By Beatrice Nakibuuka
Stress is a psycho-physiological reaction to an imbalance between the demands placed on a person and his/her ability to meet them.
In other words, stress is the wear and tear our bodies experience as we adjust to continually changing environments, situations or tasks.
It is a normal response that allows us to survive in our environment.
It is important to note that our perception of the stressful event often determines our reaction. Besides, our coping mechanisms and support systems play a key role in our stress management.
According to Ali Male, a counseling psychologist at A-Z Counseling Services, stress affects all aspects of one’s life because no part of the body is immune to it.
It may affect your emotions, general behaviour, thinking ability and physical health.
In our daily lives, we encounter so many stressful things. These depend on each person’s lifestyle, environment, nature of work and interpersonal relationships.
However, there are common causes of stress and these include financial obligations, unemployment, divorce, loss of a loved one and failure to meet expectations.
Male says: “Women in their mid-20s and late 30s are more vulnerable to these problems due to the fact that they have multiple roles in society. The fear that they may not be able to fulfill all the obligations make them become anxious and when they fail to fulfill these responsibilities, they become stressed.”
Generally, the major causes of stress include tight deadlines, long working hours, work over- load, interpersonal conflicts at work, lack of boundaries between home and work life, and lack of participation in planning, and decision-making, among others.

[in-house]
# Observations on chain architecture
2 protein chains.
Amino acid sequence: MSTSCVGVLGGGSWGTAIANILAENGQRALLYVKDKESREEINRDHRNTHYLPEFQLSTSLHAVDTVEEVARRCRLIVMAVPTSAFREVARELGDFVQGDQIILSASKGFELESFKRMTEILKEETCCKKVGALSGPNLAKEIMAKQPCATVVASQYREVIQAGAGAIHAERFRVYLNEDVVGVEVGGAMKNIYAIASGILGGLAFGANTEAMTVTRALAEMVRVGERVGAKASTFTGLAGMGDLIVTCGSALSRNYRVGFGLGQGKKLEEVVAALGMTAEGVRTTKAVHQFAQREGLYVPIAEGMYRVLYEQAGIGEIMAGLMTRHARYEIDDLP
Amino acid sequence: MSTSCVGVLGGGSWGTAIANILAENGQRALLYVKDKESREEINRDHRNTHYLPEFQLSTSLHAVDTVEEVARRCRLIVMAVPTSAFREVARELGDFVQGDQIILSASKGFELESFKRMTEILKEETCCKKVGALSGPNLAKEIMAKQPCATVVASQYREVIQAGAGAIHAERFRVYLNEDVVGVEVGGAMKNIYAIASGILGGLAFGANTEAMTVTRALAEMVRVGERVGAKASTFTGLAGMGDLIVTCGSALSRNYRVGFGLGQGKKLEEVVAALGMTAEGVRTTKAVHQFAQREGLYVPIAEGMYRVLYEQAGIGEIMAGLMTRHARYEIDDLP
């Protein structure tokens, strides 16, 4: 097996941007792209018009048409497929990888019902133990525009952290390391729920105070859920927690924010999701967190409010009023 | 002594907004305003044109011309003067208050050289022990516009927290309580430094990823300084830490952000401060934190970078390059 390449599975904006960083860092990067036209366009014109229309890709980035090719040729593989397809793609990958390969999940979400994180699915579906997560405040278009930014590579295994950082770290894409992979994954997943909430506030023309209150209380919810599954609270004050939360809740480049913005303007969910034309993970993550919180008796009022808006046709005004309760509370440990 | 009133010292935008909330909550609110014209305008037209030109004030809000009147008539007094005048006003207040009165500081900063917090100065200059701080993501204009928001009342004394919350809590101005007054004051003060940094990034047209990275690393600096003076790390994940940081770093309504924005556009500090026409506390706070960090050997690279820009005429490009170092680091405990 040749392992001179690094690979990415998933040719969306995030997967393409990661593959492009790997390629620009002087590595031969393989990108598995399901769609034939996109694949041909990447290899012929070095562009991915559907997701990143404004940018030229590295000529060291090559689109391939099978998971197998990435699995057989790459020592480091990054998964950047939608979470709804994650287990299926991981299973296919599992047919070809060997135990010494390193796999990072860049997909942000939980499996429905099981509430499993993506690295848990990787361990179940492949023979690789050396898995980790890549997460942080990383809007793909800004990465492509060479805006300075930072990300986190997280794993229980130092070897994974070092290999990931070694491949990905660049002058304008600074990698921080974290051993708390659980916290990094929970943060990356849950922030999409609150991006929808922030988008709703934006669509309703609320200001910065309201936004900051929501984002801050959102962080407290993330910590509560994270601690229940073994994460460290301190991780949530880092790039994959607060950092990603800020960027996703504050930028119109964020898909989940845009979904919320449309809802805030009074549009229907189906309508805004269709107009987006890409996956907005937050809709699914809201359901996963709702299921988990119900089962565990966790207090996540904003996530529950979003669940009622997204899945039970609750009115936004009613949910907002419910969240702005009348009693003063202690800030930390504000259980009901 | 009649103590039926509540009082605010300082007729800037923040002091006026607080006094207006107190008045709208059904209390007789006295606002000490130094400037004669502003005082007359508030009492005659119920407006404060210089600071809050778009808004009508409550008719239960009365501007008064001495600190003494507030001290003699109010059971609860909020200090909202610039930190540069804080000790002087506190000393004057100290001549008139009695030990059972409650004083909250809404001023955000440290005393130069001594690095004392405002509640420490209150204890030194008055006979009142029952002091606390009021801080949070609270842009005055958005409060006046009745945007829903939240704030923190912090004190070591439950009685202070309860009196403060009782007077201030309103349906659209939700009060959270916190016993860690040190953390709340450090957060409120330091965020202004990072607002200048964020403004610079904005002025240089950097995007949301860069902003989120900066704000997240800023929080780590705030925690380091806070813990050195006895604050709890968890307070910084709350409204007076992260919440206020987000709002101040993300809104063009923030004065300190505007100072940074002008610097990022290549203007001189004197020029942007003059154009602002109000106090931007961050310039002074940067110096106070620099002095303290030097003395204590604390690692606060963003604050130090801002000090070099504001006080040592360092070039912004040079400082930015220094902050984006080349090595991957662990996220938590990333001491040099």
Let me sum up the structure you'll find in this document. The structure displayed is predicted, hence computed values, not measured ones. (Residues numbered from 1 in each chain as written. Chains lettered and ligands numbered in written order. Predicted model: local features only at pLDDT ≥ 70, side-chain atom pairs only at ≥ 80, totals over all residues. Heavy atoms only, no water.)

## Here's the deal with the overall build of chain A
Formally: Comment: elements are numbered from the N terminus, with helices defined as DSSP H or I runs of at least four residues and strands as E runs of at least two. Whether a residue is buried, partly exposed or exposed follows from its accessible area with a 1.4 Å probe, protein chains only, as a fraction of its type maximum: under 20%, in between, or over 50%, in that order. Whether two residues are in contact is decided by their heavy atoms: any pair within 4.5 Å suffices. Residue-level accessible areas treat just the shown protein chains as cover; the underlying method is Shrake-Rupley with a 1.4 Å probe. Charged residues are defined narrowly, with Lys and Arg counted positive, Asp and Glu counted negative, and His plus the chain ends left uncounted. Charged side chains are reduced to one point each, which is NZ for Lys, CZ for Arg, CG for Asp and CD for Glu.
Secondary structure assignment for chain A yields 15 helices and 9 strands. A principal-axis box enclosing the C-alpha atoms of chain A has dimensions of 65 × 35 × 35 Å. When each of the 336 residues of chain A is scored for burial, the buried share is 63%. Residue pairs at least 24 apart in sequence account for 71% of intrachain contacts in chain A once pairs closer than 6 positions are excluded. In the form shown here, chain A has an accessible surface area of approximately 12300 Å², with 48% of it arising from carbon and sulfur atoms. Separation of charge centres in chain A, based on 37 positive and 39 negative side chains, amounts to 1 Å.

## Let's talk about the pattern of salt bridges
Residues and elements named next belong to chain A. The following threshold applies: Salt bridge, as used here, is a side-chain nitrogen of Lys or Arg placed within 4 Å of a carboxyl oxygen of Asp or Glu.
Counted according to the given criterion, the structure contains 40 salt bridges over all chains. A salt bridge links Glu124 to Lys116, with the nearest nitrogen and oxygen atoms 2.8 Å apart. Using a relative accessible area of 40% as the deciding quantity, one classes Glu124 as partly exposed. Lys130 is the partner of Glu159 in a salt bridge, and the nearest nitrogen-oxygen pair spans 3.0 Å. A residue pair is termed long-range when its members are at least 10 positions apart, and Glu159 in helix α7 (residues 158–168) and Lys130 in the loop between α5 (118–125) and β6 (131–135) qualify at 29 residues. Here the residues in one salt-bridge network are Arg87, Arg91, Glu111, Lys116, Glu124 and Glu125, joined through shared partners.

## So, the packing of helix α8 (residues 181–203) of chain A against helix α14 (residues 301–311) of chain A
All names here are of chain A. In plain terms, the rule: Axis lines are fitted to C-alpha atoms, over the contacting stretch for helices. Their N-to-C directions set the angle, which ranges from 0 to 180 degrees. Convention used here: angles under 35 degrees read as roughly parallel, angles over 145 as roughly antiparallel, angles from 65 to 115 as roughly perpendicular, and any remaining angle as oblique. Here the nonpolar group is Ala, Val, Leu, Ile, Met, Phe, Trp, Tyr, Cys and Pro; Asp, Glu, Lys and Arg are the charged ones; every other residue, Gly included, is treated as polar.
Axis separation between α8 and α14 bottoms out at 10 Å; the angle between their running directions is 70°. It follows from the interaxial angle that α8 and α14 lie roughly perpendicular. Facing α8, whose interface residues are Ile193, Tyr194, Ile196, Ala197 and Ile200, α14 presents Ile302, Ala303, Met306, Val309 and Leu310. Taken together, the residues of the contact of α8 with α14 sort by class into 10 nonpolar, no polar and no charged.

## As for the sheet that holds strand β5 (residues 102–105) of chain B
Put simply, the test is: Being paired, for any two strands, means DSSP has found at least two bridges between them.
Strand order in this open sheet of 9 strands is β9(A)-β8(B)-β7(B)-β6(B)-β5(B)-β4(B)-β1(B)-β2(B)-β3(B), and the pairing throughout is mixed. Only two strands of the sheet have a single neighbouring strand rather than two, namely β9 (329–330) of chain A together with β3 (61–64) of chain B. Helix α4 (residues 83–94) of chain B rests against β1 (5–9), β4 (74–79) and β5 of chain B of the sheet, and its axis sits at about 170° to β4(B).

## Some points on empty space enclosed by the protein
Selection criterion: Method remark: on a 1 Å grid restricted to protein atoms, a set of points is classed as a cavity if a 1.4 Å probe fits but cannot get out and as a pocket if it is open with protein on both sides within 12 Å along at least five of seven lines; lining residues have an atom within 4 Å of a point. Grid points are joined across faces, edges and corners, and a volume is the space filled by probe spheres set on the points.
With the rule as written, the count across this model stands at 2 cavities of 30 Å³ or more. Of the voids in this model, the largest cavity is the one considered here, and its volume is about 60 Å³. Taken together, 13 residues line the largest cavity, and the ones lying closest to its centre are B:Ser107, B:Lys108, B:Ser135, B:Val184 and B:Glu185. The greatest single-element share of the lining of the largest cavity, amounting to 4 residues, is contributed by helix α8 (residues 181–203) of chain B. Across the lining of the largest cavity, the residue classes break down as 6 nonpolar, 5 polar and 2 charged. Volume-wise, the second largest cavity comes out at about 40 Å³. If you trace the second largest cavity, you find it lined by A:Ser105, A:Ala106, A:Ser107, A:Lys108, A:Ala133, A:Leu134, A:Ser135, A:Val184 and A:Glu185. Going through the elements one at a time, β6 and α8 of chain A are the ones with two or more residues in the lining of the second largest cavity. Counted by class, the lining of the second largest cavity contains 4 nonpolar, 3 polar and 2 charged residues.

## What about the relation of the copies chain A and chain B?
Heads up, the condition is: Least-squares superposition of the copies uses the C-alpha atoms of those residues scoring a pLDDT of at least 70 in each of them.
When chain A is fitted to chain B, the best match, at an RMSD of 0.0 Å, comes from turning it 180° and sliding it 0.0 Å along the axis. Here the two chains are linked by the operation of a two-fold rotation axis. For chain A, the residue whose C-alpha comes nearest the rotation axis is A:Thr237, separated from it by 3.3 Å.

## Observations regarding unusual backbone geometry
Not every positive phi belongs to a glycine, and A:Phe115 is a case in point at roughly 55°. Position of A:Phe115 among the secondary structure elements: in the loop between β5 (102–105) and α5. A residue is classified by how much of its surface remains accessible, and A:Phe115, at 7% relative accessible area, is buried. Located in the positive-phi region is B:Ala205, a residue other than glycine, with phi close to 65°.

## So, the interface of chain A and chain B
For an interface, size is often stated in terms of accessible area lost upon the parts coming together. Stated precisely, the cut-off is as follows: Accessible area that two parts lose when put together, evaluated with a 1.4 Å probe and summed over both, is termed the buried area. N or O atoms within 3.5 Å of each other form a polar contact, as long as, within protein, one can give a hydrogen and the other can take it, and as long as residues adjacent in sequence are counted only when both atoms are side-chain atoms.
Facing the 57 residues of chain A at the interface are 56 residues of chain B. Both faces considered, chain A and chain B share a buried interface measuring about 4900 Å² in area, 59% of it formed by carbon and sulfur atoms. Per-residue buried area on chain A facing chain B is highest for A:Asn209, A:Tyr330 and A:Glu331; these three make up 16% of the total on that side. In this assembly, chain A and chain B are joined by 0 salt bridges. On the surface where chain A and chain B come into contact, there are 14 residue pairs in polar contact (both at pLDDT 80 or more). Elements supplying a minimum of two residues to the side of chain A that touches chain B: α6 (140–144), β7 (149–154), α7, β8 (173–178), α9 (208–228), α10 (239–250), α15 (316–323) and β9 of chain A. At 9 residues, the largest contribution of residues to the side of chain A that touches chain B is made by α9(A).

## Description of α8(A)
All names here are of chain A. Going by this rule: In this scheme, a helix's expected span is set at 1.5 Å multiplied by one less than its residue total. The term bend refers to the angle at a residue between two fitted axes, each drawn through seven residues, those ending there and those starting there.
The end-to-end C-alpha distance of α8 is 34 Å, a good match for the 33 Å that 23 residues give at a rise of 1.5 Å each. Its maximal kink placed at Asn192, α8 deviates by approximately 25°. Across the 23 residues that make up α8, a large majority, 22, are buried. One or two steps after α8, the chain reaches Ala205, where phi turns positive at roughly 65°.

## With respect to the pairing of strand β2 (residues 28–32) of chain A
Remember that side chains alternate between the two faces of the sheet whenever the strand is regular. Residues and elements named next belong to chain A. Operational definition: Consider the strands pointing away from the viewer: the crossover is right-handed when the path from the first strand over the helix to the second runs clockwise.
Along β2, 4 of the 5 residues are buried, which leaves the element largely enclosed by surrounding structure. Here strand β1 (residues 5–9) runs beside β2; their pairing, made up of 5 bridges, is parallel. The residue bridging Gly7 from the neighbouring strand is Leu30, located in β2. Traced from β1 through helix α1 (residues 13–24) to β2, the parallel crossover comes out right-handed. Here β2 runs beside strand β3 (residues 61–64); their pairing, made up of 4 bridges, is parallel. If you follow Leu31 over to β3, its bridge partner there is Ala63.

Such situations lead to family conflicts, insufficient finances, lack of participation and influence on policies, rules and strife.
Other causes also include natural disasters, epidemics, lack of trust, laziness, negative attitudes, poor time management, poor lifestyles like extravagancy or extreme conservatism with own resources.
Signs & symptoms
Symptoms of stress vary from one person to another due to the difference in causes and personal experiences.
According to Dr Edward Ssempiira, a psychologist at Hope and Beyond rehabilitation Centre, physical signs may include, but are not limited to: increased heart pulse, muscle tension, fatigue, change in appetite, nausea and vomiting without medical explanation, weakened immunity, general body weaknesses, headache, irregular periods in women, skin diseases like acne, allergies and loss of libido.
Behavioral signs may include fear without explanation, suspiciousness, unexplainable guilt and shame, jealousy, over reaction, mood swings, lack of empathy, poor concentration, difficulty making decisions, forgetfulness, sensitivity to criticism, social avoidance (withdrawal), focus on negative aspects, nightmares, change in sleeping patterns, excessive or less eating, drug use, absenteeism, sadistic tendencies and procrastination.